Certificate in Theology Program: Course Descriptions
001 – Introduction to New Testament
Dr. David Rensberger, Lecturer
This course provides a beginning introduction to the New Testament. After touching on the historical situation in which Christianity arose, it examines the gospels and the tradition about Jesus, the major letters of Paul, and the book of Revelations. We will ask about the authors and intended readers of the New Testament writings, and about their structures, and aims. In this way, the student may gain a basic understanding of what the New Testament is and what messages its writers were trying to communicate.
002 – Introduction to Pastoral Care
Dr. Edward P. Wimberly, Lecturer
The purpose of this course is to introduce students to the ministry of care within local congregations. The basic assumption of the course is that the ministry of care in the local church is the work of the entire congregation including the pastor as well as the members of the church.
003 – Introduction to Church Administration
Dr. John F. Green, Lecturer
The purpose of this course is to teach church leaders how to plan, implement, and evaluate the effectiveness of administrative roles and responsibilities, as well as, train and motivate others to support church programs and ministries to ensure progress.
004 – Introduction to African-American Church History
Dr. Love Henry Whelchel, Jr., Lecturer
This course focuses on a critical analysis of the origin, growth, accommodation and modification of the history of the Black Religious Experience through the emergence of the institutional life of the Black Church.
005 – Introduction to Philosophy and Theology
Dr. Edward L. Smith, Lecturer
This course is designed to introduce students to the nature and content of Philosophy of Religion and Theology. In doing so, this course will pivot around the Doctrines of God and Revelation as we study Christian theology and the major doctrines of the Church.
006 – Introduction to Christian Education
Dr. Karen Griffin, Lecturer
This course offers an examination of the origin, extent, influences, potential, and direction of Christian religious education in the Church. The students will explore contemporary challenges that call for Christian educational responses and will develop appropriate models for congregational learning.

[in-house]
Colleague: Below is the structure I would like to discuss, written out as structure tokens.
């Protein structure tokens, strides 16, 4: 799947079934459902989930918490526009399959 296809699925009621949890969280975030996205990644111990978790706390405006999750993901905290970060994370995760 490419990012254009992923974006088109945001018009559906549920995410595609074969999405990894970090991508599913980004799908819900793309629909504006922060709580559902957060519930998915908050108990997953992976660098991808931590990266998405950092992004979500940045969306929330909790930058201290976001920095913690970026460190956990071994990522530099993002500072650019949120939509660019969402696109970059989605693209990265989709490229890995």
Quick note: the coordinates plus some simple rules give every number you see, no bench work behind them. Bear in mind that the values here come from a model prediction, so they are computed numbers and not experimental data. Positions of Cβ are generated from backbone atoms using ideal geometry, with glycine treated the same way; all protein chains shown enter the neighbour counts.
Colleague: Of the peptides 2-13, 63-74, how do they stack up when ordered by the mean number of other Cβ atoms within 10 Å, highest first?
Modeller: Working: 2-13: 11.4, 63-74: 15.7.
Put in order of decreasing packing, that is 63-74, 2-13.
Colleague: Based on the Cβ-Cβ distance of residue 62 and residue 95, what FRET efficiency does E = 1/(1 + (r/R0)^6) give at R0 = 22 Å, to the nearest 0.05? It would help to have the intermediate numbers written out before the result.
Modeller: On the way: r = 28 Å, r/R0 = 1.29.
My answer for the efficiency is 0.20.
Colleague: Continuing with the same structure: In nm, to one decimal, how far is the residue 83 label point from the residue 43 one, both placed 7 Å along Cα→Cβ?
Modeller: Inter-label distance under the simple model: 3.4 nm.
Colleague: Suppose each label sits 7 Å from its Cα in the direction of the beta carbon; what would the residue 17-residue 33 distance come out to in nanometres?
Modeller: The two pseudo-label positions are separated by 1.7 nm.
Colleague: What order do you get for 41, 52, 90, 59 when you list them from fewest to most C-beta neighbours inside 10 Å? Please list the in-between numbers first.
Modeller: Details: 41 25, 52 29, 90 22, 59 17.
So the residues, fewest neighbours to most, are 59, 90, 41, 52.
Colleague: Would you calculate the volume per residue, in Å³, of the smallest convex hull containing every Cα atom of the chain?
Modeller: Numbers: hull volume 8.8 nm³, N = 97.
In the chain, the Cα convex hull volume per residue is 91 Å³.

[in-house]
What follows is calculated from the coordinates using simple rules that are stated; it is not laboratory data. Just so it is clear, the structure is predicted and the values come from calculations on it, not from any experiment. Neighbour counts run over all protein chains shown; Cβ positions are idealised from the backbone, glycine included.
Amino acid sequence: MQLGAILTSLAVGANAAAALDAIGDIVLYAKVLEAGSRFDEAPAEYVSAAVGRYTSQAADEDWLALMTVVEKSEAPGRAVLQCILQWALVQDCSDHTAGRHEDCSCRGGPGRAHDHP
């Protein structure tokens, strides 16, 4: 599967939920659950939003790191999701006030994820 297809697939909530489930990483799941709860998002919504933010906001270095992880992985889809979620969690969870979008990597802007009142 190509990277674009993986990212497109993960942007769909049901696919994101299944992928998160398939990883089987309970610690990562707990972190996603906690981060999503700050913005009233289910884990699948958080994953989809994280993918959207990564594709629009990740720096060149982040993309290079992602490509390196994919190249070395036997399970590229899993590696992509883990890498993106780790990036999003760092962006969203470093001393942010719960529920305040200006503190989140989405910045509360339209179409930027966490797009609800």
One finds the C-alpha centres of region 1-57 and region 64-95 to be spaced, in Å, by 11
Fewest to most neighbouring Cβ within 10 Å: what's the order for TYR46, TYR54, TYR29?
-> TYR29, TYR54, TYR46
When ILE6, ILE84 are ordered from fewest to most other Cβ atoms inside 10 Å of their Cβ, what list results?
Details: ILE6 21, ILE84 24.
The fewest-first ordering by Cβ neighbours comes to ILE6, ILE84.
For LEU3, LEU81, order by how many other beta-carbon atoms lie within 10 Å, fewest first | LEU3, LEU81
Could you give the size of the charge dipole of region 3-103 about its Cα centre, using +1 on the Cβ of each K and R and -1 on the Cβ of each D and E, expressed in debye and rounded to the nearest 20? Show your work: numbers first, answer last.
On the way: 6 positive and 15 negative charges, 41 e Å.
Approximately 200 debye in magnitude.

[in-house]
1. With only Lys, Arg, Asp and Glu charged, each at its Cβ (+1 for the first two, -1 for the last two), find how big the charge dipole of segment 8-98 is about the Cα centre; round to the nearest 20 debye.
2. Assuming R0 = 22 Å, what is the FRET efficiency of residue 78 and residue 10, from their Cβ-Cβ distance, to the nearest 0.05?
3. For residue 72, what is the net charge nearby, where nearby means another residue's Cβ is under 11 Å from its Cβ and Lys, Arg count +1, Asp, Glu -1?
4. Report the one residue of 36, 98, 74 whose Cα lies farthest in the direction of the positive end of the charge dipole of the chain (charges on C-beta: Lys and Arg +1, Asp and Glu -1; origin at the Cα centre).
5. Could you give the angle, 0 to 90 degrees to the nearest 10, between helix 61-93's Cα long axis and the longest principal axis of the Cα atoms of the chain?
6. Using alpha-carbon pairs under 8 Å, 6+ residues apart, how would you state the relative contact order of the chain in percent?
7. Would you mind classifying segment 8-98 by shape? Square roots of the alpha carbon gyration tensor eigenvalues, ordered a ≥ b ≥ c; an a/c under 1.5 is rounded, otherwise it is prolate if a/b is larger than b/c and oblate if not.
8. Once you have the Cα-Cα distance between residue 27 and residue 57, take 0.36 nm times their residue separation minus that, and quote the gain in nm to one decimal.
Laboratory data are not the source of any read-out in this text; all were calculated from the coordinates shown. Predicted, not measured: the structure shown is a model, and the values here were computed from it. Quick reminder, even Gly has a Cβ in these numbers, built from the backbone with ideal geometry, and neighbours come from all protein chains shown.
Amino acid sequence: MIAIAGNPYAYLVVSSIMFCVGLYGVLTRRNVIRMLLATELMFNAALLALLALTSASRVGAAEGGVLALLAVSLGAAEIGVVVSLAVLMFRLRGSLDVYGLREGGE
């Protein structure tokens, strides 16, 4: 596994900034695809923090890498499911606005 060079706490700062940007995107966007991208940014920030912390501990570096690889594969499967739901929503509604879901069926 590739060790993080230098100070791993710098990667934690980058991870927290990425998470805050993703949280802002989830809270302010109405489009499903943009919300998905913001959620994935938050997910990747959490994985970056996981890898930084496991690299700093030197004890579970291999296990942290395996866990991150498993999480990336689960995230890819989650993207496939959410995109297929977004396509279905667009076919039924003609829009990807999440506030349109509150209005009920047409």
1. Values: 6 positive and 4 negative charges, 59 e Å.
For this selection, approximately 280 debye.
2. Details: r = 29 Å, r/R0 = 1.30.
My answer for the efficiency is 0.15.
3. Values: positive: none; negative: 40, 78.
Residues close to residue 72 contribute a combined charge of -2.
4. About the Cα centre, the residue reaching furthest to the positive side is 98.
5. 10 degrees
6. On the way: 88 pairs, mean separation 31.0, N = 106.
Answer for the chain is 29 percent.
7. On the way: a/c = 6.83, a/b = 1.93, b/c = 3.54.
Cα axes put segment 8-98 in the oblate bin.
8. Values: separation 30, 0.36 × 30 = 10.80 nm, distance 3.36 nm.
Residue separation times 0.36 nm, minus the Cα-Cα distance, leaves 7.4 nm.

007 – Introduction to Hebrew Bible/Old Testament
Dr. Temba L. J. Mafico, Lecturer
This Hebrew Bible/ Old Testament survey course is intended to : 1) Center the Bible in the Christian faith by critically examining how the Bible that was written by human beings could be regarded as the infallible word of God. 2) Enable students to appreciate the process by which the canon of the Bible emerged. 3) Show how, in spite of its infallibility, the Bible is the inspired word of God. 4) Introduce methods of studying the Hebrew Bible/ Old Testament with special reference to the historical-critical method.
008 – Introduction to Preaching and Missiology
Dr. Cleopatrick Lacy, Lecturer (Preaching)
Dr. Marsha Snulligan Haney, Lecturer (Missiology)
The Preaching component is designed to bring together the theoretical and practical aspects of sermon development. Students explore a theological understanding of preaching and a psychological/ sociological analysis of the formal elements of sermon development, construction, and delivery. Students write and deliver sermons in a clinical experience. Evaluation and discussion occur in peer situations to aid students’ effectiveness in using the sermon as a liberating force in contemporary times.
The Missiology component explores the theological and anthropological basis for understanding Christian mission in today’s complex and diverse world. While we begin with an introduction to the academic discipline entitled Missiology, we are introduced to biblical, theological and ecclesiological sources that help shape authentic and relevant responses and approaches toward three major missional themes challenging the contemporary church: ecumenism, evangelism, and inter-religious/interfaith dialogue.